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An excerpt from www.HouseOfNames.com archives copyright 2000 - 2016


The ancestors of the Leguard family arrived in England following the Norman Conquest of 1066. The name Leguard came from the name of the famous St. Leger.

Leguard Early Origins



The surname Leguard was first found in Kent where Robert St. Leger was granted estates at Ulcombe and became Lord of the Manor of Ulcombe. "Ulcombe Place and manor belonged to the family of St. Leger, of whom Sir Robert, of an ancient house in Normandy, is said to have supported the Conqueror with his hand when landing on the Sussex coast. The present edifice, [(church)] which is in the later English style, contains some very old monuments to the St. Legers." [1]CITATION[CLOSE]
Lewis, Samuel, A Topographical Dictionary of England. Institute of Historical Research, 1848, Print.
He also held estates at Bexhill in Sussex. Another source claims that Robert actually assisted William, Duke of Normandy from the boat which brought him to England in 1066 prior to the Battle of Hastings.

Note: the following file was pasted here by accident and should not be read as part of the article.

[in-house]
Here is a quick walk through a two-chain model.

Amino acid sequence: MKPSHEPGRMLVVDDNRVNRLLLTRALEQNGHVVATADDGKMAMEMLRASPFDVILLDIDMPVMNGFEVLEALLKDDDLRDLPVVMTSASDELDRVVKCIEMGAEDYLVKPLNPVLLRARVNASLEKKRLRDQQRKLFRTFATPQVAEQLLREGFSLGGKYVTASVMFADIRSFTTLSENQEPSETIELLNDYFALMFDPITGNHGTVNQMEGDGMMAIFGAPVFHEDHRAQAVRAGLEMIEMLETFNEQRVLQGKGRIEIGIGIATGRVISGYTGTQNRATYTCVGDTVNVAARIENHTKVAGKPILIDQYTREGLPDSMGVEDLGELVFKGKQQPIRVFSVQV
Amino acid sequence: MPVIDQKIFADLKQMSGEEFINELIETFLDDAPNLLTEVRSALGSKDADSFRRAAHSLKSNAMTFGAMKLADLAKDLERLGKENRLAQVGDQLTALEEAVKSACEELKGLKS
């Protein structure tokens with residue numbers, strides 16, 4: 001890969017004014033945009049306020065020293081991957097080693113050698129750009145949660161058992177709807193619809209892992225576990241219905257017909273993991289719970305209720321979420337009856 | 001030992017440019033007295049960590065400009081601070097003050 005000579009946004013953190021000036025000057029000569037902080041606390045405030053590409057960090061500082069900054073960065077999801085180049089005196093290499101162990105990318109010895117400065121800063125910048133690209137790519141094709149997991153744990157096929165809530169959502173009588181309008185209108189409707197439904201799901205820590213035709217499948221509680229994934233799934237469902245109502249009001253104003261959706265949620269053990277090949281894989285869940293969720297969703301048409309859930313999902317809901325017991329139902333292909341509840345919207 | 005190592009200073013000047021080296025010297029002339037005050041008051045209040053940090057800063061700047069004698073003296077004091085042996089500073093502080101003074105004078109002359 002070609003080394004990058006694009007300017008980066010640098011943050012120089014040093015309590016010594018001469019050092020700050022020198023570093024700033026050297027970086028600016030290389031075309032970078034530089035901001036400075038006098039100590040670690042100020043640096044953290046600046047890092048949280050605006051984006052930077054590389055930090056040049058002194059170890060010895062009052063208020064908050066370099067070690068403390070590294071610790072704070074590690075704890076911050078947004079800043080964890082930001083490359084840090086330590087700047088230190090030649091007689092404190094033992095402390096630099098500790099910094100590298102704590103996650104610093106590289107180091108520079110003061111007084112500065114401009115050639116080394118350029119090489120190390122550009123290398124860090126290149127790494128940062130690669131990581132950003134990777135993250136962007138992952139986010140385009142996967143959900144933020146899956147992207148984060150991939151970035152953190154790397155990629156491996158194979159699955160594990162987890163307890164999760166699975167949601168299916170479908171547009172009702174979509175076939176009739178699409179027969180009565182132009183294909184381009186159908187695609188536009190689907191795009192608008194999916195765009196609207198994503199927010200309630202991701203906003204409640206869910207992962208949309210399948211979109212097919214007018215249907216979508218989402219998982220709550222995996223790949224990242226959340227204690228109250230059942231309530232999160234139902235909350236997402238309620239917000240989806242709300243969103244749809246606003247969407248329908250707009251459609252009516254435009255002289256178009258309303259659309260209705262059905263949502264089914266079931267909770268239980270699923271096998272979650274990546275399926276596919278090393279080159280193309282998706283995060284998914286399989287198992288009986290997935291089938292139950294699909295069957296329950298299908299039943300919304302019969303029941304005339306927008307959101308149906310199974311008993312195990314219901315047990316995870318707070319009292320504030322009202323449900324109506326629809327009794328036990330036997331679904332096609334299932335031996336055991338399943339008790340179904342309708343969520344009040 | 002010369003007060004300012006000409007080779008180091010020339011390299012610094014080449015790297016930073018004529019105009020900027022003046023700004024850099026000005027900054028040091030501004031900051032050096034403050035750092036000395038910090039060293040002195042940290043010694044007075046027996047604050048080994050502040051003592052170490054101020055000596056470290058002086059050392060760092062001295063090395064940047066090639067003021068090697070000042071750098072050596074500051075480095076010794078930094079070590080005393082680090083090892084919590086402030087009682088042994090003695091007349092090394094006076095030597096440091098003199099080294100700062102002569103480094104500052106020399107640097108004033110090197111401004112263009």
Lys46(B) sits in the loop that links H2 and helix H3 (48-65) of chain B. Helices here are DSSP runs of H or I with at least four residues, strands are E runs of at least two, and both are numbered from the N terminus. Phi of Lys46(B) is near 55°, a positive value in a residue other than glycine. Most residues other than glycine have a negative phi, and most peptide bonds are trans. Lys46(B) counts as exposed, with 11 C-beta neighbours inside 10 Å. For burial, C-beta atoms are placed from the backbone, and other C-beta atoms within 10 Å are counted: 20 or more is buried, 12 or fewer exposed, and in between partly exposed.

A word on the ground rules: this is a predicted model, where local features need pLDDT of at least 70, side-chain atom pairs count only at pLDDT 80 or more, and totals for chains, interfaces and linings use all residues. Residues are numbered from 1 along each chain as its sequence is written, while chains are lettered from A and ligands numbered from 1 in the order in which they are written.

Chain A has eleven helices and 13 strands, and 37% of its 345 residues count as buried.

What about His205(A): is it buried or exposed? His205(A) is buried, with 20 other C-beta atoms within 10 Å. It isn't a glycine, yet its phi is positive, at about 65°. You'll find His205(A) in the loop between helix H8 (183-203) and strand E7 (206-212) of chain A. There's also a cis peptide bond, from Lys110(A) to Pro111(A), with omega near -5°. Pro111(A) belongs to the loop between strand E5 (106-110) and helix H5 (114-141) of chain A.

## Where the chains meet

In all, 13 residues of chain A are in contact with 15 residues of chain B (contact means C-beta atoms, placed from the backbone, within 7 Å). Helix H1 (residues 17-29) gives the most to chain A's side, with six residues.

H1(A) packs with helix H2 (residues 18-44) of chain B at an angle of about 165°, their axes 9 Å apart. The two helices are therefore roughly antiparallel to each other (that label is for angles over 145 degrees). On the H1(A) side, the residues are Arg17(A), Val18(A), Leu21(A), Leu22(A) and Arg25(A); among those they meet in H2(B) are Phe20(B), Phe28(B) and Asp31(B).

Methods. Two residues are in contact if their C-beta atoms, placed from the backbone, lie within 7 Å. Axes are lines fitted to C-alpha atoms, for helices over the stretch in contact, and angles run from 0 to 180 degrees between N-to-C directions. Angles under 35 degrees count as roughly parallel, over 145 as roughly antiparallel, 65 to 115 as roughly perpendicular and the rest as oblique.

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Leguard Spelling Variations


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Leguard Spelling Variations



It is only in the last few hundred years that the English language has been standardized. For that reason, Anglo-Norman surnames like Leguard are characterized by many spelling variations. Scribes and monks in the Middle Ages spelled names they sounded, so it is common to find several variations that refer to a single person. As the English language changed and incorporated elements of other European languages such as Norman French and Latin, even literate people regularly changed the spelling of their names. The variations of the name Leguard include St.Leger, Leger, Legere, Sallinger, Sellinger, St. Ledger and many more.

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Leguard Early History


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Leguard Early History



This web page shows only a small excerpt of our Leguard research. Another 439 words (31 lines of text) covering the years 1767, 1540, 1631 and 1678 are included under the topic Early Leguard History in all our PDF Extended History products and printed products wherever possible.